Thursday, March 20, 2008

12 or 20 questions: with Heather Simeney MacLeod

Biography: Heather Simeney MacLeod grew up in various regions through out British Columbia. Her first book of poems, My Flesh the Sound of Rain, was published in 1998 by Coteau Books; The Shape of Orion, a chapbook with Smoking Lung Press was released in 2002; The Burden of Snow, a second full collection of poetry with Turnstone Books came out in 2004. Her plays have been produced in Canada and Scotland, and she has received honourable mentions from two contests. Her poetry and fiction have been published in numerous Canadian literary journals and anthologies as well as appearing in reviews and journals in the United States, the United Kingdom, Ireland, Australia, New Zealand and Israel. She’s currently a doctoral student at the University of Alberta.

1. How did your first book change your life?

When Geoffrey Ursell rang me to tell me Coteau Books wanted to publish my first book I was giddy. I had just returned from Turkey and was staying with my family in the Northwest Territories and had a plane ticket to return to Europe. I kept holding up books at random and saying to my brother, “Different name, different title, different cover, but same idea. This will be me.” This still strikes me as hilarious. I worked with my editor, Patrick Lane, from a friend’s flat in Freiburg, Germany. It was a strange feeling to be reworking poems primarily set in Canada, and then to go out onto the canals and cobbled walkways of Freiburg. I returned to Canada for the launch and readings. I think what the first book publication did was indicate to myself that I was, you know, a poet. It said to me: you are a writer.

2. How long have you lived in Alberta, and how does geography, if at all, impact on your writing? Does race or gender make any impact on your work?

I moved here, to Edmonton, this past August. I’ve found, in my own work, that geography and race have had a profound impact. My work is influenced by my physical location. The poems I wrote in and after living in Turkey are infused with silk on silk carpets and apple tea, and the poems and stories I wrote in and after living in Scotland are soaked in rain and dipped in that strange, muted light of Edinburgh. My second collection of poetry consists of a series of hauntings of race, ancestry and geography.

Strangely my plays seem least affected by geography, and the most profoundly affected by gender. When I am writing poems and fiction I don’t think I’m as aware of gender, or it feels as if it is somehow less present. When I am working on plays, though, gender seems omnipresent.

3. Where does a poem usually begin for you? Are you an author of short pieces that end up combining into a larger project, or are you working on a “book” from the very beginning?

I’ve noticed that usually I begin writing from an image, and have noticed that sometimes the image doesn’t even necessarily appear in the final draft. Many of the images, naturally, emerge from my own experiences ―an Appaloosa in a meadow at daybreak, my grandfather’s cowboy boots, the feel of bit and bridle, the hills and valleys of the interior of British Columbia, Saint Sophia covered in mist, Morningside Road after the first snowfall of winter, Saint Cuthbert’s in the sunshine.
My first collection of poetry consisted of short pieces that I ended up combining into a larger project. I found that an awkward sort of thing to do, you know? To try to make sometimes very disparate pieces fit together into a whole. Consequently, after that experience I’ve noticed I tend to work on manuscripts rather than individual pieces. I think of my work as fitting together into a greater whole. It’s important, to me, that each piece stand outside of the whole on its own, and yet that each piece support, weave through the manuscript.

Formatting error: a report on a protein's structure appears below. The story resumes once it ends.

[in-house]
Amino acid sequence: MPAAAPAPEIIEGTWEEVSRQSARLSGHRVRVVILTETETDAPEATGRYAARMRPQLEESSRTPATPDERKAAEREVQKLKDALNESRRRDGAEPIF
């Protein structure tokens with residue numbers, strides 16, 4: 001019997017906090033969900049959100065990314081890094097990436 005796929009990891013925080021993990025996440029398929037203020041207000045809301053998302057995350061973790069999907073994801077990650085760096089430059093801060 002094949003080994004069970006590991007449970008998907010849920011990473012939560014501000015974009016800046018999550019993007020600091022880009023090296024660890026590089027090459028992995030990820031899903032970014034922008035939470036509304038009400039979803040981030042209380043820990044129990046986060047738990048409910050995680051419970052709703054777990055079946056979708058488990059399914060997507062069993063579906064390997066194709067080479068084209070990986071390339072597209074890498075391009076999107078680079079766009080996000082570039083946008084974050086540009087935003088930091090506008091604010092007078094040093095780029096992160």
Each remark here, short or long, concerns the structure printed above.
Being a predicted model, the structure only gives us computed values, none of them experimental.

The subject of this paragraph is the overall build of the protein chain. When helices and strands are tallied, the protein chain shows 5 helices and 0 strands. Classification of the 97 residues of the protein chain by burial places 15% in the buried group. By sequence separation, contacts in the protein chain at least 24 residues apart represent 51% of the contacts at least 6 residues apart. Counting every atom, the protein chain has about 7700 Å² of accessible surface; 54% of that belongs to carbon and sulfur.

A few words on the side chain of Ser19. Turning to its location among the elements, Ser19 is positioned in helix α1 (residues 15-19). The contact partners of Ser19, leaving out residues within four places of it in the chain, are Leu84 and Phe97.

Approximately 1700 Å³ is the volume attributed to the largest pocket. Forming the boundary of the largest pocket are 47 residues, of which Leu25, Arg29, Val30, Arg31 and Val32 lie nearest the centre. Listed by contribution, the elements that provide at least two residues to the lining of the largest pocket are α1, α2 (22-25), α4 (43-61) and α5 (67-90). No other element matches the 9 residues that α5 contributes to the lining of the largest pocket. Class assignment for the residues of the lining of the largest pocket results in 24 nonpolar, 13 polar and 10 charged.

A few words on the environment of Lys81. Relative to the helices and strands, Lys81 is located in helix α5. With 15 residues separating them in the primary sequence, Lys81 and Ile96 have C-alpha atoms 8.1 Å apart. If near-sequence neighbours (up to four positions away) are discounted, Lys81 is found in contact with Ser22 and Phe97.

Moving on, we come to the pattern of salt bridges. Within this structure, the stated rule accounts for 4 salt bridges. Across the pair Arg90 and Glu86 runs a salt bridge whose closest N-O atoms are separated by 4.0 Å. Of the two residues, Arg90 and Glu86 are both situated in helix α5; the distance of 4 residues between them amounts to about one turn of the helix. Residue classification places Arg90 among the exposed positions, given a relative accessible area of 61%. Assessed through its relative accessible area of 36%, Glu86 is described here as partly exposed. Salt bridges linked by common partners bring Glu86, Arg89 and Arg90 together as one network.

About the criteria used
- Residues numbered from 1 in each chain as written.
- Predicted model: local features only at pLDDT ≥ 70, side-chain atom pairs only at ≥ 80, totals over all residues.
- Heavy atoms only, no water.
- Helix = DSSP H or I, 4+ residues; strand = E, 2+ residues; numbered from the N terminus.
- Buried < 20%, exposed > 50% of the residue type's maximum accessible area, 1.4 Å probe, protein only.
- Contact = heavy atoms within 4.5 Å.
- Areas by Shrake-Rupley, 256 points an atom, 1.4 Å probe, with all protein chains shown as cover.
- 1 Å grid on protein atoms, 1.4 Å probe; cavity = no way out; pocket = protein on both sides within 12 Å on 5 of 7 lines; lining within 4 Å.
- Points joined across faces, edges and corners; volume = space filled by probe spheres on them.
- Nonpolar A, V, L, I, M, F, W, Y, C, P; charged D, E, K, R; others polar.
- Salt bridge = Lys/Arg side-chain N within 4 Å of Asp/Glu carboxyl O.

4. Are public readings part of or counter to your creative process?

I think of readings as necessary and as fairly uncomfortable, but don’t find they affect my creative process at all.

5. Do you have any theoretical concerns behind your writing? What kinds of questions are you trying to answer with your work? What do you even think the current questions are?

Theoretical concerns emerge, but I’m normally concerned about the nuts and bolts aspect of writing initially. You know, the development of character, plot, consistency, believability takes up most of my attention in the beginning stages. It is in subsequent drafts I’ll notice broader theoretical concerns and themes, and it is at that point I will attempt to tune them, to ensure they are operating in a cohesive manner with the rest of the work.
I think within much of my work I am concerned with identity and how to articulate it, and the manner it is disrupted and dislocated.

I’ve noticed within the department (I’m currently enrolled in the PhD program at the University of Alberta) there are numerous theoretical queries going-on, obviously. One of my cohorts is interested in landscape and the ways in which it is manipulated by our intentions as well as the ethics of socio-environmental conflict, which I’ve found (through her discussion) quite interesting. Though, I don’t know if I would go so far as to claim it is a “current question,” but certainly our environment in general is a current concern.

6. Do you find the process of working with an outside editor difficult or essential (or both)?

It depends on the editor. Really depends on how the editor approaches not only me, but also my work. I think the process is vital and as you said essential for the work. It can be, again depending upon the situation, difficult or exciting and invigorating.

7. After having published more than a couple of titles over the years, do you find the process of book-making harder or easier?

I find the writing is about the same. You know, you sit down and you plug away at it. Though I do think in terms of a manuscript ― I don’t allow that to affect the work I’m doing. When writing, I find my attention is pulled directly to the particular piece be it a poem, chapter, or scene. The publishing aspect is as tedious as ever.

8. When was the last time you ate a pear?

It was before Christmas. It wasn’t quite ripe. I like to keep most fruit in the fridge so it was sour and cold. It was a crunchy affair.

9. What is the best piece of advice you've heard (not necessarily given to you directly)?

I was in Seattle several years ago. I’d recently returned to North America from Germany, and I was finding the transition (for a number of personal reasons) very difficult. I was sitting in Fremont with my friend Katy. We were having café au lait and biscuits. I was really concerned with “sorting” my life as if it were something I could whittle down and compartmentalize. I looked up, and down this long hallway written in large letters on a blackboard was: You can’t change your life over night. At that time I was horrified. Could that be true? Remember thinking, “What a nightmare.” I think of it often with fluctuating emotions. Sometimes when I think, “You can’t change your life over night,” I feel vast waves of relief; other times I feel intense irritation. In any event I think it is the best advice I’ve ever stumbled across.